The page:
The Lebanon-Laclede County Route 66 Society grew out of a festival in Lebanon celebrating the 75th birthday of Route 66 on Sept. 8, 2001. That first festival was the idea of Bill Wheeler, then the event coordinator for the Kenneth E. Cowan Civic Center, and a local amateur-radio club.
The Route 66 Festival committee evolved into the Lebanon-Laclede County Route 66 Society, with the mission “to educate, preserve, promote and develop Route 66 in Laclede County.” The society was incorporated as a nonprofit with the State of Missouri on Jan. 9, 2003, and is now recognized as a 501 (c)(3), enabling donations to it to be tax-deductible.
Bill Wheeler was the organization’s first president, with Gary Sosniecki the vice president, Ramona Lehman the secretary and Mike Edwards the treasurer. Other original board members were Dan True, Rod Reid, David Troutman, David Wheeler, Gail Bryant, Kenny Capps and Kirk Pearce.
Besides continuing the Lebanon Route 66 Festival, which was held annually for nine years, the society’s first major project was to campaign successfully for the new Lebanon-Laclede County Library to include a Route 66 museum. Society members even drew the preliminary floor plan for the museum, which today is visited by 14,000 Route 66 enthusiasts annually from all over the world.
On June 22, 2010, the society held a dinner and unveiling ceremony for the last piece in the museum’s original plans: a diorama depicting the crossroads of Route 66 and Highway 5 in Lebanon, circa 1940. The diorama was begun in 2004 but not completed until Judy Wallmark, secretary-treasurer of the society, enlisted the skills of Willem Bor of The Netherlands to complete the project. Bor and his wife Monique personally delivered the scale model of the Nelson Hotel to Lebanon for the unveiling. In the photo above, from left, Monique and Willem Bor, Route 66 Society President Cathy Dame and Secretary-Treasurer Judy Wallmark.
In recent years, the society supported a project to build three Route 66 murals in Boswell Park, which the Lebanon Parks and Recreation Department redeveloped with a Route 66 theme. In May 2016, the society took over fund-raising for the $75,000 mural project. The first mural, depicting a 1957 Chevy on Route 66 at the entrance of Lebanon, was unveiled with a ceremony on Feb. 18, 2017. The second mural, a tribute to Laclede County and the Route 66 Gasconade River Bridge, was unveiled shortly after the 2017 Lebanon Route 66 Festival, and the third mural, a salute to the "Nelson Family Legacy" on Route 66, was dedicated with a ceremony May 6, 2018, at which the names of all 143 donors were read aloud.
Today, the Lebanon-Laclede County Route 66 Society promotes Route 66 through many projects and programs in the community:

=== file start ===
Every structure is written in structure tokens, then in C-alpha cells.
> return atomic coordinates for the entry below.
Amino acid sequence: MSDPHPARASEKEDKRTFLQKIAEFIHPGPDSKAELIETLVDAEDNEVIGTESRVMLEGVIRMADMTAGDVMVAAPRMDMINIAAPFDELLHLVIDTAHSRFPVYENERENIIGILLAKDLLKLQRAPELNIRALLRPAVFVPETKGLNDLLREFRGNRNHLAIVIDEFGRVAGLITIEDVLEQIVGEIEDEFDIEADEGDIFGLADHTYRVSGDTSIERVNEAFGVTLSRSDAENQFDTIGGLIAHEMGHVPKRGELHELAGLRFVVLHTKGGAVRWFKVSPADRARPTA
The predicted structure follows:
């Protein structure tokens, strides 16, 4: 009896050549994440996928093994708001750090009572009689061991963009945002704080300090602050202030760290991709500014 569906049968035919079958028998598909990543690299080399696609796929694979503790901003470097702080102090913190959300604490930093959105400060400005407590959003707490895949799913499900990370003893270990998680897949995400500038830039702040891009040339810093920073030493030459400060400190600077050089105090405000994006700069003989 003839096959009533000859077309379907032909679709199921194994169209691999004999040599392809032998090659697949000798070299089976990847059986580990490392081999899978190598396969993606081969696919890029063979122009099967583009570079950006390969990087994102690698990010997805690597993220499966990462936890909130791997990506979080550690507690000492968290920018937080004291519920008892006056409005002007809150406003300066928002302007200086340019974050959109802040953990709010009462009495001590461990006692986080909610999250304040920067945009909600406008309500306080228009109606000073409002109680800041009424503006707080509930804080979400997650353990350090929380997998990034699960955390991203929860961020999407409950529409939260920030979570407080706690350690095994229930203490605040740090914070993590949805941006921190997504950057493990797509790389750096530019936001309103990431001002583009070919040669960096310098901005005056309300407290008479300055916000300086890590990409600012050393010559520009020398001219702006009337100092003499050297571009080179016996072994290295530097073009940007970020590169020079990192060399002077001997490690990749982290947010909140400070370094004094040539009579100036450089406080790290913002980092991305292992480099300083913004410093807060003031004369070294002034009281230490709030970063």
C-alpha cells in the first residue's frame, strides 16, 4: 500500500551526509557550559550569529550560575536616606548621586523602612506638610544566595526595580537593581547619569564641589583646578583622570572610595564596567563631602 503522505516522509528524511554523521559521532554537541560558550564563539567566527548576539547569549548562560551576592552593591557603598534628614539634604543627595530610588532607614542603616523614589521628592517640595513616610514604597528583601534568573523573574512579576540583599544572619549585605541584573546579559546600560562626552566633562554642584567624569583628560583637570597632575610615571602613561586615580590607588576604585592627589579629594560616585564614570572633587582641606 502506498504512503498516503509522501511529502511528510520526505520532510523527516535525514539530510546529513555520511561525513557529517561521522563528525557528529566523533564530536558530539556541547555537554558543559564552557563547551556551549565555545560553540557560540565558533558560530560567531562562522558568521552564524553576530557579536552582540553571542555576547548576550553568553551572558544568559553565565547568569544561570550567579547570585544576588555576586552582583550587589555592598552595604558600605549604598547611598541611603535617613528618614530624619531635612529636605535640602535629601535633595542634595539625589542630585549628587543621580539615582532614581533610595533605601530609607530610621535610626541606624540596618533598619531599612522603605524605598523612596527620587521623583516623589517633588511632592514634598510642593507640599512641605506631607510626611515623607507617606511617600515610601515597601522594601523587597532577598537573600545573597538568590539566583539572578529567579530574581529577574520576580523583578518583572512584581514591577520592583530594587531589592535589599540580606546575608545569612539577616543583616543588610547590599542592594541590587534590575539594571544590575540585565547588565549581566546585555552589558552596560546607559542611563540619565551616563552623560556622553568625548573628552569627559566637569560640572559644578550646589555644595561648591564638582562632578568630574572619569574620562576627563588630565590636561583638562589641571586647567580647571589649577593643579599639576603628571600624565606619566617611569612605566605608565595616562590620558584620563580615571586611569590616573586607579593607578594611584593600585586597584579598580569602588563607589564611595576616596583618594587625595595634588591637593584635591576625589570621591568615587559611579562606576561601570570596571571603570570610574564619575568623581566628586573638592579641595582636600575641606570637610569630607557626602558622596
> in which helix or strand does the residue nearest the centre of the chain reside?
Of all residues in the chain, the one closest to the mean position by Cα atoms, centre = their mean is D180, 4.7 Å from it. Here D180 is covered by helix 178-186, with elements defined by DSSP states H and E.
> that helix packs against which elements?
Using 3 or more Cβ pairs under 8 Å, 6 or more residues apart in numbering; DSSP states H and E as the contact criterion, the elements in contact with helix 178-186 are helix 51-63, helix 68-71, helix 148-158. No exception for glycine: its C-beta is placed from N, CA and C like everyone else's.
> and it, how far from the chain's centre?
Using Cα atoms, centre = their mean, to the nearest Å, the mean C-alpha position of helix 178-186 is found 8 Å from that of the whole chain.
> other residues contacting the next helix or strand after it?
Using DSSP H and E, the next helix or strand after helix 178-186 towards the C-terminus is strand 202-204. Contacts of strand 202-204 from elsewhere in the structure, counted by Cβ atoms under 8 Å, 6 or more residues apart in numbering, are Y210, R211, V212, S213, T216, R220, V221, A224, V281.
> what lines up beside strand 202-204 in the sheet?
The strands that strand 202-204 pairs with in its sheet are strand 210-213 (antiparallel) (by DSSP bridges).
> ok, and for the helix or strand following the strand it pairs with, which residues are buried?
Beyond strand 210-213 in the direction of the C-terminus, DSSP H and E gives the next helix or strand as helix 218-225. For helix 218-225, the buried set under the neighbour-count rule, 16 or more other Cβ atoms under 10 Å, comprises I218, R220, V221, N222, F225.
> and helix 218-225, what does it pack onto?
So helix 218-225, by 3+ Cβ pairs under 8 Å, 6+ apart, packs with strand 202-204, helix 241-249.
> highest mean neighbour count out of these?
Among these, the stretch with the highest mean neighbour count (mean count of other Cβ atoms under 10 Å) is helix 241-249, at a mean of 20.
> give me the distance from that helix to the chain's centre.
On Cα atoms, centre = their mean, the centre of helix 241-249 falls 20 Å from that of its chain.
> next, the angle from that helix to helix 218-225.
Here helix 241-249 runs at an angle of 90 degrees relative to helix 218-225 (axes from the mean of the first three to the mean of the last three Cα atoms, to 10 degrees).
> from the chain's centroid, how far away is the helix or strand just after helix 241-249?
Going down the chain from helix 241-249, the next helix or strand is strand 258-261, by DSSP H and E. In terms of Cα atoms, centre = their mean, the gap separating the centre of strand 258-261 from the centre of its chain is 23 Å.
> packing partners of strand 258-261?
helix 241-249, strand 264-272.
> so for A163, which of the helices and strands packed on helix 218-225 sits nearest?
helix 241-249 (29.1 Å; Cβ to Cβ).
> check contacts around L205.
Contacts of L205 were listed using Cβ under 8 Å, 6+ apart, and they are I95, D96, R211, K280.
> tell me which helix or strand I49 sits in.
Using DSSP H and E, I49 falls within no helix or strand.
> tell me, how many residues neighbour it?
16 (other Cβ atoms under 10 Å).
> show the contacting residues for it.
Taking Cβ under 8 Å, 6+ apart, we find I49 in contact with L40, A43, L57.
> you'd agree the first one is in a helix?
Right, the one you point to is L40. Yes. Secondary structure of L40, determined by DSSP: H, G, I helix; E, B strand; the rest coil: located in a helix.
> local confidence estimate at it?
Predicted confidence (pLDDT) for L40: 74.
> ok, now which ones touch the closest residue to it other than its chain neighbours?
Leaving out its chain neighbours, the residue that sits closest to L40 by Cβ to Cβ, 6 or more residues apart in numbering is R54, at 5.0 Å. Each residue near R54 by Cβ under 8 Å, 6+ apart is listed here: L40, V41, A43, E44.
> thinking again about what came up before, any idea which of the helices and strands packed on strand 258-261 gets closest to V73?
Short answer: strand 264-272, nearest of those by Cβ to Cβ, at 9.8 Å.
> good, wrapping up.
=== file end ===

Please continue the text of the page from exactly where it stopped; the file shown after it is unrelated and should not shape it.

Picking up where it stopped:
-- In 2021 the 14th Lebanon Route 66 Festival (fifth in a row) will be held on Father's Day weekend in partnership with the Lebanon Parks and Recreation Department, the City of Lebanon Tourism Department and the Lebanon Downtown Business District.
-- In 2021, the Route 66 Society, in partnership with The Laclede County Record, published a full-color Laclede County Route 66 Map and Tour Guide for the fourth year.
-- In 2019, the Route 66 Society finished restoring the exterior of the former Underpass Cafe at Phillipsburg. An informational sign was unveiled following the 2020 annual membership meeting.
-- In 2019 the Route 66 Society restored the last surviving cabin of Camp Joy, one of Lebanon’s first tourist camps, and moved it to the Route 66-themed Boswell Park.
-- In 2019, the Route 66 Society initiated the first three-county Route 66 Yard Sale in partnership with the Waynesville St. Robert Chamber of Commerce, the Webster County Route 66 Initiative, the Laclede County Record and Marshfield Mail newspapers and KFLW Radio. A second three-county, 100-mile yard sale was held in 2020, and a third is planned for 2021.
-- In 2017 the Route 66 Society launched a robust website with current and historical stories and pictures about Route 66 in Laclede County. The website and the Route 66 Society's Facebook page keep members and the public updated on our activities and local Route 66 history.
--Route 66 Society members speak about Route 66 to civic and school groups and serve as ambassadors to groups touring Route 66 in Laclede County.
The Lebanon-Laclede County Route 66 Society board meets at 8 a.m. the first Tuesday of the month at the Lebanon-Laclede County Library. Board meetings are open to anyone who supports our mission “to educate, preserve, promote and develop Route 66 in Laclede County.”